FOOT-BALL. Last week a match took place in a field near Dragley Beck between the men of leather and the other trades of Ulverstone. The shoemakers &c challenged the other parties, and it was eventually agreed that each side should have 15 men. The ball was placed about the centre of the ground, and one from each side stood twenty yards from it. At a given signal, two opponents rushed forward, and the representative of leather, Roger Gaskell, took the ball in grand style, thereby winning the glaves. The action then became general, but leather was forced to be content with the laurels already won, as the other party won every bye that was played. Many of the gentle craft were good millers, and carried on the contest toughly, but their opponents played more scientifically, and out manoeuvred them, and carried the day in triumph."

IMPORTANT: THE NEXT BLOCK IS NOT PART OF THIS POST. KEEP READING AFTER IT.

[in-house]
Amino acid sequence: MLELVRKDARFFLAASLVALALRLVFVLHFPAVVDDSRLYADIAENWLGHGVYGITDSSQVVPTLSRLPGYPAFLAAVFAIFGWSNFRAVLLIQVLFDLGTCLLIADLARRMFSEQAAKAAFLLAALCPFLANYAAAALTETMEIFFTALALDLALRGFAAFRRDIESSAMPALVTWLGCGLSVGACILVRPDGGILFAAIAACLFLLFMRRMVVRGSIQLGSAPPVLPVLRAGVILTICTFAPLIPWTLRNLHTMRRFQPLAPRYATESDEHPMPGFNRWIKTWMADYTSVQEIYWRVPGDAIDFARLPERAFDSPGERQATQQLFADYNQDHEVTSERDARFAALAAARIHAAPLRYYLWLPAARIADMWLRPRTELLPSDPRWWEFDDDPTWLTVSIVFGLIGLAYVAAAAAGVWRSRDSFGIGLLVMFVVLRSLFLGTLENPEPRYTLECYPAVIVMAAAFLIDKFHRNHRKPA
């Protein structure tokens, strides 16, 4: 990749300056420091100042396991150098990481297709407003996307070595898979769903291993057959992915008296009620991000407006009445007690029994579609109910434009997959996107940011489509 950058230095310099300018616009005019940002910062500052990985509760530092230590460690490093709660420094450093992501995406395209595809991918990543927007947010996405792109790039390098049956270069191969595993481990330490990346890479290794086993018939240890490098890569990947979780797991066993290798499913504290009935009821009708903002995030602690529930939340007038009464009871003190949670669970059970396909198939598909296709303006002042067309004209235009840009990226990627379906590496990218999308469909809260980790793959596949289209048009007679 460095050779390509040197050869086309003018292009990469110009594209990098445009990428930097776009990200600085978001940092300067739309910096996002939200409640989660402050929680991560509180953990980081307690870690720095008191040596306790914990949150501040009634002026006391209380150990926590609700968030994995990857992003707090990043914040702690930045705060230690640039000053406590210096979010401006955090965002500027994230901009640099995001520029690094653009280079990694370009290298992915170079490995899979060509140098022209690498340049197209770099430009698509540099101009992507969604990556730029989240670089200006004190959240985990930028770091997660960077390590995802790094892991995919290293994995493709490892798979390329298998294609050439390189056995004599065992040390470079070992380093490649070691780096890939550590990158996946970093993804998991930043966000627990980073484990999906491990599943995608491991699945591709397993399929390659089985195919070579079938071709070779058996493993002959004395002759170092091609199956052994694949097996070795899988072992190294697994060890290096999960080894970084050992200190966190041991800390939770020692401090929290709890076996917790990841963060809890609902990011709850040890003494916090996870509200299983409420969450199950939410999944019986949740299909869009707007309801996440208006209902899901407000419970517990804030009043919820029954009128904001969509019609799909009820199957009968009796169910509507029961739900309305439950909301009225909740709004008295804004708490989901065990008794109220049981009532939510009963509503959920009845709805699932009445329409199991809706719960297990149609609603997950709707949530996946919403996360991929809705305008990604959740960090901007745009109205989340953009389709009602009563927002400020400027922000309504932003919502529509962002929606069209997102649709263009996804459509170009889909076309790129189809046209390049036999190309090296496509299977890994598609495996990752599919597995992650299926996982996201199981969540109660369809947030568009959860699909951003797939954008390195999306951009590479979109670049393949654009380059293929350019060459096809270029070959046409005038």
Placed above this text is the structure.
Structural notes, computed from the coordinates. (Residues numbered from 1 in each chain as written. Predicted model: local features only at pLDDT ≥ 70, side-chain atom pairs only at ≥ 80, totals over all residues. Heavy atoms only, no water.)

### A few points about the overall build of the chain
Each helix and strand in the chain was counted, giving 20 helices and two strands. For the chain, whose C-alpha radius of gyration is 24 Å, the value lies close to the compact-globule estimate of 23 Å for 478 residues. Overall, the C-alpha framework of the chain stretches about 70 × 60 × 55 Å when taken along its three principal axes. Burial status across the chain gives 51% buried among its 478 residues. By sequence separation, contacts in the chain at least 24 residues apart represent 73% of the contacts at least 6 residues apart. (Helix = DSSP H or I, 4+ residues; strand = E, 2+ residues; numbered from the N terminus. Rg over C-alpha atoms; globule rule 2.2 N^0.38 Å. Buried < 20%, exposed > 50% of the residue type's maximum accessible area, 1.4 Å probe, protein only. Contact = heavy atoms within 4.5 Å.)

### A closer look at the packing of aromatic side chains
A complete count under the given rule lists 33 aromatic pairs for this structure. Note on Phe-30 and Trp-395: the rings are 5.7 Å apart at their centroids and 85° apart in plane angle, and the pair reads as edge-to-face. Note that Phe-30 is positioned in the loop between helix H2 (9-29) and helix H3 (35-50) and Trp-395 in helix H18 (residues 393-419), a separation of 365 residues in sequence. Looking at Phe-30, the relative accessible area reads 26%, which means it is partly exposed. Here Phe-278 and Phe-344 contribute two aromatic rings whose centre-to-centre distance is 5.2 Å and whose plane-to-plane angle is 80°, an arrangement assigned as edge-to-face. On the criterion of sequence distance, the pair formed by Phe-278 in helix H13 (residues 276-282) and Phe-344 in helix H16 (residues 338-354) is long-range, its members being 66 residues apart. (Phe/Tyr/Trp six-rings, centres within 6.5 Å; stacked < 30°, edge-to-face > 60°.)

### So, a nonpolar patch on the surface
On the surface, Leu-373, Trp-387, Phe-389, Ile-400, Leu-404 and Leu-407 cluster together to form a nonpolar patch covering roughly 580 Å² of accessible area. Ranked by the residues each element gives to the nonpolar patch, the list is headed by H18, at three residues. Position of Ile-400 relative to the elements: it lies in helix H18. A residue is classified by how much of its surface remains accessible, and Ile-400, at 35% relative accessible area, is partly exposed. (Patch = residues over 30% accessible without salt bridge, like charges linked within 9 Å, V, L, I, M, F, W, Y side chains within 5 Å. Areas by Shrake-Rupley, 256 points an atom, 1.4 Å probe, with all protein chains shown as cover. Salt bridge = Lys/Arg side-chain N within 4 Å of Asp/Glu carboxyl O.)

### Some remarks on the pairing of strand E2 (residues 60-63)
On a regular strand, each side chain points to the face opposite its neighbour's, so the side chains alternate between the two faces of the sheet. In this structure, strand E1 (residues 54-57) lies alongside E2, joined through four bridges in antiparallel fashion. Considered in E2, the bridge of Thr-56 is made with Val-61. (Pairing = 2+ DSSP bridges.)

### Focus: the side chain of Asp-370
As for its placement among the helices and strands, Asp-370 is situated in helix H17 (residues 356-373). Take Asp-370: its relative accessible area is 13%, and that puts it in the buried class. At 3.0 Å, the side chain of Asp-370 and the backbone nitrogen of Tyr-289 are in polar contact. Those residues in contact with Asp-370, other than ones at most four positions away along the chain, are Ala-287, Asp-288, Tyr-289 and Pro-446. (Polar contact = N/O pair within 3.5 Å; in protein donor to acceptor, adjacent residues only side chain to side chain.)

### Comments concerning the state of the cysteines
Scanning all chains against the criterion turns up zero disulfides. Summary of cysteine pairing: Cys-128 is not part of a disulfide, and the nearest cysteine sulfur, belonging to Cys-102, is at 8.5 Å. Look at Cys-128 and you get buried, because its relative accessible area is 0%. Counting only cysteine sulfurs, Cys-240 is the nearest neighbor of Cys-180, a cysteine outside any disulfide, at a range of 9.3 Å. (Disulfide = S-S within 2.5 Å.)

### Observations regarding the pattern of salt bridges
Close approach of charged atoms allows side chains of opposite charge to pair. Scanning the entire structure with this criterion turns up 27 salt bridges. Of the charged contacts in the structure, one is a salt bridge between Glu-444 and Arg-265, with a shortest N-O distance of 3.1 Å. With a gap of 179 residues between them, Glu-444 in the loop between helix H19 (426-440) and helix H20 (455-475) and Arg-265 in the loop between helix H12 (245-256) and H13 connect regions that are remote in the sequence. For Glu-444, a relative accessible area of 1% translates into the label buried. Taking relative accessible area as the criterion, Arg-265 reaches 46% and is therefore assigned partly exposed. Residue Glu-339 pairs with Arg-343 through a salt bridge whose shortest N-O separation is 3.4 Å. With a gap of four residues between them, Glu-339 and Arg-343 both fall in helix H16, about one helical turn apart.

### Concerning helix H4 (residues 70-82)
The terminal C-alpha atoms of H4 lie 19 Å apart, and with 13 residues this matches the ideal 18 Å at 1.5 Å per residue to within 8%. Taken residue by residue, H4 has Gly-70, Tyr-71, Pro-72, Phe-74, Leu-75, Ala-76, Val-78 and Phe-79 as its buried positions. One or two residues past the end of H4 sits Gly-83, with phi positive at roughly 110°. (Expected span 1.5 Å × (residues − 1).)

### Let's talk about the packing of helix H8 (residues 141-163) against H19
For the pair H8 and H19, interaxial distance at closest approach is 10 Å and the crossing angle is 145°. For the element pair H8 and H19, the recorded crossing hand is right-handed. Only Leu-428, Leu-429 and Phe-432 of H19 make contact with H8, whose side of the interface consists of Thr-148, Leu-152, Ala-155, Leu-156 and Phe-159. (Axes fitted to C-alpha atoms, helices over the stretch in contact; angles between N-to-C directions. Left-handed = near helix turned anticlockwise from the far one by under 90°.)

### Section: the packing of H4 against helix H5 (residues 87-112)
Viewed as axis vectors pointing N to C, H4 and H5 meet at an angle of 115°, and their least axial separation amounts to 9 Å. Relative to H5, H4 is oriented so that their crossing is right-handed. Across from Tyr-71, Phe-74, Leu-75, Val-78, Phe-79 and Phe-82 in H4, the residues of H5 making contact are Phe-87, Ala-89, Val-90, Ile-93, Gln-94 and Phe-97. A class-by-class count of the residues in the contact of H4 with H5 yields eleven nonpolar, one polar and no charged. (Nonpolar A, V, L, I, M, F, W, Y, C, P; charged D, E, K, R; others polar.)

"Scientific" was first used to describe a modern football code in 1862 with reference to Rugby football: and in 1868 the "great science" of rugby football consisted of "off your side, drop kicks punts, places and the other intricacies" It is uncertain what these other intricacies were exactly, however it is, clear that this playing style was more systematic than in the past. References to scientific football come in accounts in the mid-1860s, particularly Sheffield FC (see later). Later contemporary accounts include internationals, for example the November 1870 association football match between England and Scotland which "was of unusual excellence for the many scientific points it involved" Alcock advocated scientific football as early as 1870 (see below).